Nubie question: Programming ATMEL MEGA8

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After looking over a lot of cool projects based on the ATMEL family of
microcontroller, I just bought a bunch of ATMGAG8-16PI's.  I bought
these because I was under the impression these where very easy to play
with:

* On chip RC oscillator, no need for a crystal for simple stuff

* Lots of I/O pins with decent source and sink capacity - can light up
 LED's directly

*A/D converter (might be fun to play with)

*No hardware programmer required - a few resistors hooked up to a PC's
printer port.

*Lots of free tools - assemblers, compilers, libraries etc.

Ok, so I have a bunch of the chips and I have downloaded and built up
the Linux AVR tools, the gcc cross compiler etc.  I have also
downloaded the AVR Studio from ATMEL.

Now, here is the thing, it seems that the Linux AVR tools will support
the really simple "few resistor" type of programmer, whatever that is
called.  I am not sure if the AVR Studio or any windows 2000/XP
software will support the same few resistor type programmer.  I have
been looking around and I have found:

* A few of the few simple resistors and printer port based
programmers.  The gotcha is just about all of them use different pins
on the printer port!  They all use the same pins on the chip.  Is
there not a standard for this?  How do you know what will work with
what?

* A few that look like the above but that terminate in a dedicated
programming connection on the board with the micro.  (JTAG?)

* A few of them that hang off the printer port and use different
amounts of old TTL logic between the printer port and the mico.

* A few of the above that go into the dedicated connection on the
board with the micro.

Are these guys cross compatible with the same programming software?
Being a big fan of making my own life easy, why would you add more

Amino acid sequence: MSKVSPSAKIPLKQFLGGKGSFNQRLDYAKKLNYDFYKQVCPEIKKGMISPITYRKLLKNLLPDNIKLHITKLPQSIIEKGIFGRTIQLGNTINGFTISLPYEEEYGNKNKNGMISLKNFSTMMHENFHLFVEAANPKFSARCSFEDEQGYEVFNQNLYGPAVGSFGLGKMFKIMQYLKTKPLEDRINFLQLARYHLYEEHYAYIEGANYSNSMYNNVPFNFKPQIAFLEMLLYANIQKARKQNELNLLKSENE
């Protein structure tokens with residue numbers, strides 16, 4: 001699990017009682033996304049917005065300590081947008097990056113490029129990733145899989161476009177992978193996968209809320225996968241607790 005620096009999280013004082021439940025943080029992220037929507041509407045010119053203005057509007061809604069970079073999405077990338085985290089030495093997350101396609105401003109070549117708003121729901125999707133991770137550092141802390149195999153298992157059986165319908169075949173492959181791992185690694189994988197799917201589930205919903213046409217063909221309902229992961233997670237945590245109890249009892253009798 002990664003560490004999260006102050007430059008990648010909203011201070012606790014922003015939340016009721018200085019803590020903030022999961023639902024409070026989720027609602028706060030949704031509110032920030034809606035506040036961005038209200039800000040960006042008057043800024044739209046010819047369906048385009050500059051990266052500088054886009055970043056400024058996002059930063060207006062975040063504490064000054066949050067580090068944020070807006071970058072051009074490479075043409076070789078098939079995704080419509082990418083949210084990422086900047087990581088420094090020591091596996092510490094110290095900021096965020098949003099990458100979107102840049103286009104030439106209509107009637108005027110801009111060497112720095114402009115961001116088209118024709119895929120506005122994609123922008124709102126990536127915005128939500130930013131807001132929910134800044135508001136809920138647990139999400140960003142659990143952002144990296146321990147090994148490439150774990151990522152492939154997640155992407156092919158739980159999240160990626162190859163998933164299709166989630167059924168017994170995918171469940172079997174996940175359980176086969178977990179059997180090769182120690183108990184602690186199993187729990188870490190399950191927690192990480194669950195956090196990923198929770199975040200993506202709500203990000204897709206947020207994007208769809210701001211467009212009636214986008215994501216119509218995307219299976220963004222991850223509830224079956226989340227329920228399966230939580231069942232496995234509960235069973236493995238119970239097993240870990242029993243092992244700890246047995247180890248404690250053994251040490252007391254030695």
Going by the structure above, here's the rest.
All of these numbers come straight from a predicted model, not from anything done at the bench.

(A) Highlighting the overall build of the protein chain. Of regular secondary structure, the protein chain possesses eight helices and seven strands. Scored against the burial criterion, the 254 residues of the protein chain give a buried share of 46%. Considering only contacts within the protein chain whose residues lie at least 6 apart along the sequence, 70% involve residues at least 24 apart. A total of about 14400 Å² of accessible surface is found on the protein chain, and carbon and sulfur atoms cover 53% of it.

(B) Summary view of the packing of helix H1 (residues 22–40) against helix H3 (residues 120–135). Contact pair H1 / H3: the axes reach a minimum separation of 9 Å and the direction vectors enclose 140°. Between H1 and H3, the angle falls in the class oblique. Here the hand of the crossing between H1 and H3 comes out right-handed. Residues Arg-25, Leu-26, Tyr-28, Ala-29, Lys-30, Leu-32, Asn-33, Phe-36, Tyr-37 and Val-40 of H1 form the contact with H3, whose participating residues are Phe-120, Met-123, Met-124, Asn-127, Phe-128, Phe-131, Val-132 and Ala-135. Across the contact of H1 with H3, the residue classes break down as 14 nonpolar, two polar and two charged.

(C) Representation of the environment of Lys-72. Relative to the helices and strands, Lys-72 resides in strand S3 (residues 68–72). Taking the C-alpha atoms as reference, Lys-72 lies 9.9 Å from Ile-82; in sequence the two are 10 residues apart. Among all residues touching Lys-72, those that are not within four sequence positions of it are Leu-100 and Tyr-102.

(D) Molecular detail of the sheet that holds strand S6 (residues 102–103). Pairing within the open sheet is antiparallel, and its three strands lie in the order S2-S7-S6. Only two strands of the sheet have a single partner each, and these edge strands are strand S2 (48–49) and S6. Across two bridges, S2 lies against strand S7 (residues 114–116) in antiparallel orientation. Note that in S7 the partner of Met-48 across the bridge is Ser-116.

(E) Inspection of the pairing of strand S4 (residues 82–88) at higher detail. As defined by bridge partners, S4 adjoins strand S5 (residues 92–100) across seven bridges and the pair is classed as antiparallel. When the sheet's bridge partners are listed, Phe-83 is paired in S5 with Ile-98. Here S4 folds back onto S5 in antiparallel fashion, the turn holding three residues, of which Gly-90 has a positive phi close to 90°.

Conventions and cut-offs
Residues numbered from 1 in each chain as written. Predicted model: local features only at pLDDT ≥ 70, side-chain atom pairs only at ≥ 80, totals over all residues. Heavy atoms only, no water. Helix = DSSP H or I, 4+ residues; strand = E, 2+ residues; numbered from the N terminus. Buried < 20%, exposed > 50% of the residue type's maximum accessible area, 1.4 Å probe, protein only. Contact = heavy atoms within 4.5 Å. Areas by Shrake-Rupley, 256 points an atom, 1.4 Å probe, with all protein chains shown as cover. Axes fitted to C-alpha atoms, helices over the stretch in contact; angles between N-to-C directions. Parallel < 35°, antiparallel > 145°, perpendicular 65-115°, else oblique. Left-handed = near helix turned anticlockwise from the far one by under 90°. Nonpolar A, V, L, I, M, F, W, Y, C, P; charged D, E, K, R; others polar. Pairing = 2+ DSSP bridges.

gunk between the two pieces?

* Then there is the breed that hangs off the serial port on a PC.

* Then there are the little dedicated "programmer" boards with the ZIF
sockets and what seems to be a lot more silicon in the programmer
itself.

So, can some kind soul tell me what the really cheep and easy
"resistors and the printer port" type programmer is called and point
me at some windows software that supports it (my linux box is a
desktop in another room, and I would like to be able to program these
from my notebook in the shop.  The notebook runs XP and is unlikely to
change)

Also, if you can elaborate on what makes the different types of these
programmers "better" on "worse" then the other types.  If I catch the
bug I suspect I will upgrade if the other types do something neat or
that can not be done with the Q&D ones.

Thanks in advance!

Matthew
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Re: Nubie question: Programming ATMEL MEGA8



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IMHO your best bet would be to get the new AVRISP "MK II" programmer.
It's USB-based, so obsolescence shouldn't be an issue for a couple of
years at least. Relatively inexpensive.

There's support for it under Linux with AVRDUDE
http://www.bsdhome.com/avrdude /. That page (and links from it) also
describe some roll-yer-own programmers.

--
Rich Webb   Norfolk, VA

Re: Nubie question: Programming ATMEL MEGA8


On Fri, 24 Feb 2006 00:36:02 GMT, Rich Webb

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I will check out avrdude and see what he has.  I am looking to do this
as on the cheep as I can, so I am really looking for better into on
the "few resistors hanging from the printer port"  at least to get
started.  One of the really big things in favoe of these chips is that
you do not need much to program them.  Ideally this would be free out
of junkbox parts.

Thanks again for the pointer to avrdude though, I will see what he has
to offer.

--Matthew


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Re: Nubie question: Programming ATMEL MEGA8


http://www.serasidis.gr/circuits/avrprog/avrprog.htm


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Re: Nubie question: Programming ATMEL MEGA8



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Nothing wrong with that approach, of course, and it can be a fun
project. The spec programmer, though, is only about $30 and takes away
one variable when you're grinding your teeth wondering why the $%!&*
thing won't program.  ;-)

One hint for the ATmega-series: they come from the factory with the
fuses set to run from the internal RC oscillator. On the one hand, this
is a good thing since non-timer-critical applications can install and
program the chip without having to have a clock source.

On the other hand, it's REALLY easy to forget this and wonder why a
brand new chip refuses to program. The ISP freq needs to be <= 1/4 the
clock speed of the device to be programmed and some of the family have
RCs at 1 MHz.

--
Rich Webb   Norfolk, VA

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